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Saturday, October 12 • 8:30am - 8:55am
Allen et al.: Insights from a longitudinal perspective on English adverb placement in the vernacular

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Insights from a longitudinal perspective on English adverb placement in the vernacular

Research on English variable adverb placement (pre- vs. post-auxiliary) is largely focused on written evidence, with only rare insights from the vernacular. Moreover, no research has investigated adverb placement in longitudinal spoken data, meaning that little is understood about more historical stages in the operation of this system or how they relate to contemporary patterns. Drawing on a large multistage corpus of Canadian English, we pursue the question of what more distal stages of spoken language reveal with respect to patterns of adverb placement in vernacular English. Multivariate regression reveals that linguistic constraints condition variation in parallel to what is reported elsewhere, yet the frequency of pre-auxiliary placement drops over time. The data also indicate that women consistently use the pre-auxiliary position more frequently than do men, an effect that becomes more robust as frequency declines. The results thus suggest a complex interaction between social evaluation and retention of low frequency speaker choices.

Granath, S. (2002). The position of the adverb certainly will make a difference. English Today 18: 25-30.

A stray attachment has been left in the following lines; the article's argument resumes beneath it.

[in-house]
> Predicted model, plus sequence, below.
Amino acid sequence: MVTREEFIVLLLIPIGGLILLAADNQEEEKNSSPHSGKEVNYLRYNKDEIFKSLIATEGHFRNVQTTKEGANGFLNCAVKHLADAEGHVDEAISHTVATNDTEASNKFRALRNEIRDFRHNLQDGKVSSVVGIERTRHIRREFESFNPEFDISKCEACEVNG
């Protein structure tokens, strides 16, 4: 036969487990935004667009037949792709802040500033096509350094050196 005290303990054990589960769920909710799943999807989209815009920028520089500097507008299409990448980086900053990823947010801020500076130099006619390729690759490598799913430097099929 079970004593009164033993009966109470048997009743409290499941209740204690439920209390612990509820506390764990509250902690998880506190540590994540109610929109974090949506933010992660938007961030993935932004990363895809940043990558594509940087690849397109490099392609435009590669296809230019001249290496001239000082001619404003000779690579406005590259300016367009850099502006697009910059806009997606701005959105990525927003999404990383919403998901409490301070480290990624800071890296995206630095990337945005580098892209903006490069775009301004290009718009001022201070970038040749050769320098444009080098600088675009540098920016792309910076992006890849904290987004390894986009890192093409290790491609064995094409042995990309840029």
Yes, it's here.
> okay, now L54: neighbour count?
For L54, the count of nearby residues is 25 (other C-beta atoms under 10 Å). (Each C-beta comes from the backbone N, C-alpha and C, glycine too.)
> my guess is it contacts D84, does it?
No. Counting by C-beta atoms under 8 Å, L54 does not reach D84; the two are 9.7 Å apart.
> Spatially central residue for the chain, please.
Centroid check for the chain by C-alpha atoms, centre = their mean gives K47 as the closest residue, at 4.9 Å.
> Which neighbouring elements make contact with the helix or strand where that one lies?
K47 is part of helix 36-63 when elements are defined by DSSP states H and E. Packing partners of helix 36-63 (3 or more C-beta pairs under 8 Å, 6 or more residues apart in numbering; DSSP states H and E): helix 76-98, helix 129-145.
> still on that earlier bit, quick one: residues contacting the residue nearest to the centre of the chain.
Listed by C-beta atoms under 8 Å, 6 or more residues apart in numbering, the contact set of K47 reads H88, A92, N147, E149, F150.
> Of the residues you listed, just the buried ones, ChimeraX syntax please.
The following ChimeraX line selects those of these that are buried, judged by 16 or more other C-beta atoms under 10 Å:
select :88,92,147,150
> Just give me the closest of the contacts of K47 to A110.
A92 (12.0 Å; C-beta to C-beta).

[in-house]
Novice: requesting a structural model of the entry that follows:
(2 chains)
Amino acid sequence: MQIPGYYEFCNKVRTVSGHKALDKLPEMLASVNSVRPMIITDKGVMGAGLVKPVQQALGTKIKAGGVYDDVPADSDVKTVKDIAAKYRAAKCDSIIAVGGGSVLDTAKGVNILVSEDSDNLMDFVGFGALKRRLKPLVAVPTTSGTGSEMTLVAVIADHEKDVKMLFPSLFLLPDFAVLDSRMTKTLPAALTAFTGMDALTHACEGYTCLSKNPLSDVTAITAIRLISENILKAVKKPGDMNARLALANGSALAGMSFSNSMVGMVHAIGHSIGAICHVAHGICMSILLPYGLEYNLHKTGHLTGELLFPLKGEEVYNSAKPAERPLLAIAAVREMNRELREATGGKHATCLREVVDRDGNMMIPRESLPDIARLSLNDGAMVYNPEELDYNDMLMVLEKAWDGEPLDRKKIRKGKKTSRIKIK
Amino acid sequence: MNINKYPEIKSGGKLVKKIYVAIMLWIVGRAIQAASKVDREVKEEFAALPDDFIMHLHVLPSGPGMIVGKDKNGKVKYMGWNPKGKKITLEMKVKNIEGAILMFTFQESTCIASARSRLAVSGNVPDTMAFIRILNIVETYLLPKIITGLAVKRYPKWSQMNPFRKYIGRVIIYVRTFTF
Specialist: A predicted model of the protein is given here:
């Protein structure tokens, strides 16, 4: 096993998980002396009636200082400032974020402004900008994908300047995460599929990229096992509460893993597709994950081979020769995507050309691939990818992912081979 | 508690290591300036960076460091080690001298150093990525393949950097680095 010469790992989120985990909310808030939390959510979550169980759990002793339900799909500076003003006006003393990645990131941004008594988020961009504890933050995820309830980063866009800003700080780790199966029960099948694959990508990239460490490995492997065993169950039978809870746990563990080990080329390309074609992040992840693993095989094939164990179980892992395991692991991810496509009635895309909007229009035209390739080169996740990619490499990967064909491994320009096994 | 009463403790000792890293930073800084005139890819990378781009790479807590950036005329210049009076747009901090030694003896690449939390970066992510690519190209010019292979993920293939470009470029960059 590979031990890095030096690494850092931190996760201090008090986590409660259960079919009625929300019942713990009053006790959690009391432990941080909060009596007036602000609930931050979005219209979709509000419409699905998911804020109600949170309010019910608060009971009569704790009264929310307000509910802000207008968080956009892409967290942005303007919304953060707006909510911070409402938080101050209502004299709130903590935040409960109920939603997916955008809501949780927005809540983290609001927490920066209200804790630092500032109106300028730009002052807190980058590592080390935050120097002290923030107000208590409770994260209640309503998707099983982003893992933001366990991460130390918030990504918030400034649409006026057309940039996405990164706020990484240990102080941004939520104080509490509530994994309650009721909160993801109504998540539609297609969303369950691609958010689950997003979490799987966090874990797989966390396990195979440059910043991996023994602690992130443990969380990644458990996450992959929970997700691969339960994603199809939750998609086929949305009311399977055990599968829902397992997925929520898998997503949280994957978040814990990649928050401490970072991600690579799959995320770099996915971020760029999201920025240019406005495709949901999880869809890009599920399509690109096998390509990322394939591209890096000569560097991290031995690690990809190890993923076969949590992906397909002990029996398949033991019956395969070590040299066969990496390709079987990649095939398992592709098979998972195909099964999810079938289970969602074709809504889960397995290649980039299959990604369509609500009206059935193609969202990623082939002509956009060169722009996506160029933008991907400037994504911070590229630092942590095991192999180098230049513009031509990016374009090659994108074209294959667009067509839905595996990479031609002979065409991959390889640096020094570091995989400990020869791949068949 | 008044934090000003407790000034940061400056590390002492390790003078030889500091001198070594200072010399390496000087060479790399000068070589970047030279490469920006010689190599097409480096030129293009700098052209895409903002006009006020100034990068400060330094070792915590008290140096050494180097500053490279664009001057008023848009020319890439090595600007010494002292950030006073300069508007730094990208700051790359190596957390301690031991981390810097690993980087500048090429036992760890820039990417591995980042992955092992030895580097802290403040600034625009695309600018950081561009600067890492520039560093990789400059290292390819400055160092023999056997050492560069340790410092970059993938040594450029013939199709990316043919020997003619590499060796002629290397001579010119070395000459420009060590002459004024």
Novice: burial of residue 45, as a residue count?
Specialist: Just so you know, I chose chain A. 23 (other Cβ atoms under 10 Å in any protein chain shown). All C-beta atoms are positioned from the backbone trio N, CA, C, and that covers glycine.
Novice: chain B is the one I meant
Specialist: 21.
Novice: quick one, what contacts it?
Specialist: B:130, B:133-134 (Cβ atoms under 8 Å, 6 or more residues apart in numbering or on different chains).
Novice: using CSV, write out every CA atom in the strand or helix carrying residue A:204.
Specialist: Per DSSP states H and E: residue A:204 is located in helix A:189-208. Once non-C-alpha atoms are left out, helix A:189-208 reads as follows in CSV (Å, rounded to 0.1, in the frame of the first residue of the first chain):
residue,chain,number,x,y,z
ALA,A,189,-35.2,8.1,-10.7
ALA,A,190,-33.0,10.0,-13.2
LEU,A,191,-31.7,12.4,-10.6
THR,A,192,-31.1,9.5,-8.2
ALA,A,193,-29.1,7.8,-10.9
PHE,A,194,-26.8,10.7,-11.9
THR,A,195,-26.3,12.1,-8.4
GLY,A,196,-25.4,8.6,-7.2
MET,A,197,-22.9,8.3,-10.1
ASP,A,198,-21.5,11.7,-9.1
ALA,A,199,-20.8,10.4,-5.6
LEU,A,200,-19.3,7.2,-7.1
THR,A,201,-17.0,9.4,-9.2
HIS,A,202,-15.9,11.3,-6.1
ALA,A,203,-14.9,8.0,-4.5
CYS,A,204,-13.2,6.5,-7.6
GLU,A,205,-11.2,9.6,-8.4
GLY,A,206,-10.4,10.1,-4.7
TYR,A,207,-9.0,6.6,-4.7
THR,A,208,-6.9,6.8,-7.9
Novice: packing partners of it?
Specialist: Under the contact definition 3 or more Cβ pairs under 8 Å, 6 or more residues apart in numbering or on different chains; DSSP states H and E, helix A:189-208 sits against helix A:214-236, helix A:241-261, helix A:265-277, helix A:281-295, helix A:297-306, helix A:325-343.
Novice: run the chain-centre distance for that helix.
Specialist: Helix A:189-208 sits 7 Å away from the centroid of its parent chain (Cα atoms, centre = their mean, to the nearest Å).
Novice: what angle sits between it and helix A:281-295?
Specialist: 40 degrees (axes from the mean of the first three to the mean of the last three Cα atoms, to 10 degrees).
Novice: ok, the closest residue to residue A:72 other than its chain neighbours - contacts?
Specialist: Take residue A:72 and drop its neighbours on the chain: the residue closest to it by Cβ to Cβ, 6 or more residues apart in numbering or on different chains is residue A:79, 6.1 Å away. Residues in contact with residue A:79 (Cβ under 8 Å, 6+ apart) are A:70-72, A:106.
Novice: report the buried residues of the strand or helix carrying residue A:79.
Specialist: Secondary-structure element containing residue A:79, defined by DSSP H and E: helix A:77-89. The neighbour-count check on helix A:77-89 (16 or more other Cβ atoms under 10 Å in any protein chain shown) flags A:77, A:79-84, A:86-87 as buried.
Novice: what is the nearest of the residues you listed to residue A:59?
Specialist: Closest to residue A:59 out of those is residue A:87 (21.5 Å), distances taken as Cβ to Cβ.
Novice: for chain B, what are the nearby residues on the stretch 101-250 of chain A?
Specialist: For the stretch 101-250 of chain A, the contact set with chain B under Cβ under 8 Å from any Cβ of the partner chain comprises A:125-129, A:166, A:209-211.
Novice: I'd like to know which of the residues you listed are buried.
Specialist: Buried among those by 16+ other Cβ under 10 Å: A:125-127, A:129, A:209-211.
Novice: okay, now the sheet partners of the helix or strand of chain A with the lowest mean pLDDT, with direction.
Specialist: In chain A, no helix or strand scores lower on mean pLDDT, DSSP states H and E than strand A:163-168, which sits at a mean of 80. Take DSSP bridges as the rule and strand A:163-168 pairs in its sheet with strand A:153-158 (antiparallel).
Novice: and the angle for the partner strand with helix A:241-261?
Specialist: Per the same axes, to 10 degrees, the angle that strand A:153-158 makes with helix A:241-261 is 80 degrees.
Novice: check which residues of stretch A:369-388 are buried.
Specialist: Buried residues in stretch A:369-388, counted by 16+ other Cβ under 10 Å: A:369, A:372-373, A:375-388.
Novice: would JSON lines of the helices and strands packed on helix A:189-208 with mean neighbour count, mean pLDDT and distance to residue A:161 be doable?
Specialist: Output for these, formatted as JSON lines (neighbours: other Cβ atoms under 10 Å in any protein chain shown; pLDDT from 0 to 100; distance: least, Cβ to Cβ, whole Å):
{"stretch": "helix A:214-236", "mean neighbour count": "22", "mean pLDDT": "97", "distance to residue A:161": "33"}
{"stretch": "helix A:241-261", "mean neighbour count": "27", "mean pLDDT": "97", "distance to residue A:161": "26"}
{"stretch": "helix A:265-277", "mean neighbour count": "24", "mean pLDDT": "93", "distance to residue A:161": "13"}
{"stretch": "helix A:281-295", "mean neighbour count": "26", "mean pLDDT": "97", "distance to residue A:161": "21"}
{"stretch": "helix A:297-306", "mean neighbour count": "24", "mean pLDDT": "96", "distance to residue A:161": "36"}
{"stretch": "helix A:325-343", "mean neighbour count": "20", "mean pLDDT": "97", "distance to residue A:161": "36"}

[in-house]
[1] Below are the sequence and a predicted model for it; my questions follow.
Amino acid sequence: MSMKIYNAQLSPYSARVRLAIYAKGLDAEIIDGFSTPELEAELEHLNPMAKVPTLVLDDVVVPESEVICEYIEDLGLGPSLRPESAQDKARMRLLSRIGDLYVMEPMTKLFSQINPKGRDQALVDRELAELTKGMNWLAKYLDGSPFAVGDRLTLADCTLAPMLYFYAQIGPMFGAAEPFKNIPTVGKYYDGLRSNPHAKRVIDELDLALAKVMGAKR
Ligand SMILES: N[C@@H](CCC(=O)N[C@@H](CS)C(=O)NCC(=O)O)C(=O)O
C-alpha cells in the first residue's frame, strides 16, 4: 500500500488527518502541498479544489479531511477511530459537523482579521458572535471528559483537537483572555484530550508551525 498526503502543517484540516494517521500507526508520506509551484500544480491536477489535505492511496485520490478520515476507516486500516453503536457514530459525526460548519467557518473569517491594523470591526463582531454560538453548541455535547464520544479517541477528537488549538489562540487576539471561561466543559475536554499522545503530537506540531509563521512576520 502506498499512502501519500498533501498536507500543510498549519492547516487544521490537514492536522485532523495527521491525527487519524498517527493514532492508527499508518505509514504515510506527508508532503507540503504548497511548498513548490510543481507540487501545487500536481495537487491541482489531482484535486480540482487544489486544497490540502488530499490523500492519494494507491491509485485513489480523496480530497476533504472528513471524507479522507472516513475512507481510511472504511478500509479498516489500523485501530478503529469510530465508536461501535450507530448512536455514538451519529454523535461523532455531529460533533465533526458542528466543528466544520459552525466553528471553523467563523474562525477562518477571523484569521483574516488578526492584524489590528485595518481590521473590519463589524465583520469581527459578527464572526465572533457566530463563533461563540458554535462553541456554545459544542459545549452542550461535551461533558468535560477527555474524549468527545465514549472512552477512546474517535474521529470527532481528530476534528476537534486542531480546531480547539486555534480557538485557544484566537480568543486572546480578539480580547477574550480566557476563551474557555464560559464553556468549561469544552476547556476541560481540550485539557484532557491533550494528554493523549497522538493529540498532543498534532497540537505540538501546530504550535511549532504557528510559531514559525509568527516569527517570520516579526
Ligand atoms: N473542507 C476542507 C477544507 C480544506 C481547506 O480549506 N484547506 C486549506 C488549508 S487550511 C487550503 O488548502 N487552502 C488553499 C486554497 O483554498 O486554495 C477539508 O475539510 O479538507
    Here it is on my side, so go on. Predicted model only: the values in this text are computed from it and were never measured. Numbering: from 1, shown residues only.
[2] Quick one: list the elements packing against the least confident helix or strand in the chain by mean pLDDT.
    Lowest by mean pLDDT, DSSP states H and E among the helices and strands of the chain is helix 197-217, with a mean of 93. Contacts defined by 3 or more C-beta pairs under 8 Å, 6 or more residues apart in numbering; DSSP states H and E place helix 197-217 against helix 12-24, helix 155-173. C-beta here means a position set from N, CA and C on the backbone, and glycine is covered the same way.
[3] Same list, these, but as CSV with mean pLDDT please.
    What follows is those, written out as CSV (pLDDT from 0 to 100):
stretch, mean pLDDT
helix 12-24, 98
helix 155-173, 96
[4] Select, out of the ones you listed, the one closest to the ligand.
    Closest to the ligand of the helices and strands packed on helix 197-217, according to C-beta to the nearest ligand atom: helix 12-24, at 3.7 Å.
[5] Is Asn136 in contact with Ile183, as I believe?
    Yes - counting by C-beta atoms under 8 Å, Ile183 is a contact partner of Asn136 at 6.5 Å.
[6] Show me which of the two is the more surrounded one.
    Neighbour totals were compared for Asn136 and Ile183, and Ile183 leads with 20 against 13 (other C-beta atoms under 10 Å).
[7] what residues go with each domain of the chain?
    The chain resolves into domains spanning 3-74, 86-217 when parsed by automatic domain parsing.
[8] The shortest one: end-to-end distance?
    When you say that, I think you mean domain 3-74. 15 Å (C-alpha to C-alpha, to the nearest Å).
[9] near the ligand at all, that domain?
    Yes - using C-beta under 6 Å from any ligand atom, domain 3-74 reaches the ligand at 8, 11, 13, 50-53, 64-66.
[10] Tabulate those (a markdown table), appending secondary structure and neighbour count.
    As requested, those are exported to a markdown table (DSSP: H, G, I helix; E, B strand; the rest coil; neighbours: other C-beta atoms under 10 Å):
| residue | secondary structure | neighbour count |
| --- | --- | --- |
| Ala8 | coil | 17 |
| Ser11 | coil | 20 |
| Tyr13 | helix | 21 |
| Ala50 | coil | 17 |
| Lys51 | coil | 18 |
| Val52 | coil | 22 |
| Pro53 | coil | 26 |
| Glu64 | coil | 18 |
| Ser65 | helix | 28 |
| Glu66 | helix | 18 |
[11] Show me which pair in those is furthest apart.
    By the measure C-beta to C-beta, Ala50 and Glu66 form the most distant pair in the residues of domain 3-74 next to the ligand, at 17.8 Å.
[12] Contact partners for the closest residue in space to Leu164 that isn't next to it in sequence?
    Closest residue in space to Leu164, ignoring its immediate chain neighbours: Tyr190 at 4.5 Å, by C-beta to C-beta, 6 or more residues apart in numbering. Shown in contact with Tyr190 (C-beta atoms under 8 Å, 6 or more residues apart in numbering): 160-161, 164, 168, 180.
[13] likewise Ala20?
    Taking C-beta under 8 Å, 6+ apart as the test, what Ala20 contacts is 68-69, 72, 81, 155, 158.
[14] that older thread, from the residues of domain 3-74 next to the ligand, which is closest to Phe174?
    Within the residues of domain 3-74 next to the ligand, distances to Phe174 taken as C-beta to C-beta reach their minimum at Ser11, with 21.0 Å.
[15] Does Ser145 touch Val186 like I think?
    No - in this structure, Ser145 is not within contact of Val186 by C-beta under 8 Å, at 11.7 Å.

Jacobson, S. (1975). Factors Influencing the Placement of English Adverbs. Stockholm: Almquist & Wiksell International.
Waters, C. (2013). Transatlantic variation in English adverb placement. Language Variation and Change 25: 179-200.

Session abstract: Querying the individual and the community: New historical sociolinguistic approaches to contact, variation, and change
The theoretical and methodological problem of relating the behavior of individuals (Milroy 1992, Eckert 2000) to trends of language change in the community (Labov 2001:34) is particularly pressing for Historical Sociolinguistics. The five papers in this session, organized by NARNiHS, explore the socio-historical contexts and parameters of individual language use that have given rise to recorded patterns of linguistic variation in multiple understudied communities. A core concern shared by these studies is the broad application of variationist theory to historical data, by situating notions such as language variation, change, and contact, within a sociohistorical dimension. Overall, this session presents a broad range of datsets and tools to to explore the possibilities and limitations of sociolinguistic theory for the analysis of sociohistorical data from a broad range of periods and contexts.

Eckert, Penelope. 2000. Linguistic Variation as Social Practice. Oxford: Blackwell.
Labov, William. 2001. Principles of Linguistic Change, Volume 2: Social Factors. Oxford: Blackwell.
Milroy, James. 1992. Linguistic Variation and Change. Oxford: Blackwell.


Caroline JH Allen

University of Victoria

Emmanuelle Buaillon

University of Victoria

Alexandra D'Arcy

University of Victoria

Saturday October 12, 2019 8:30am - 8:55am PDT
EMU Gumwood
  S: Querying the individual and the community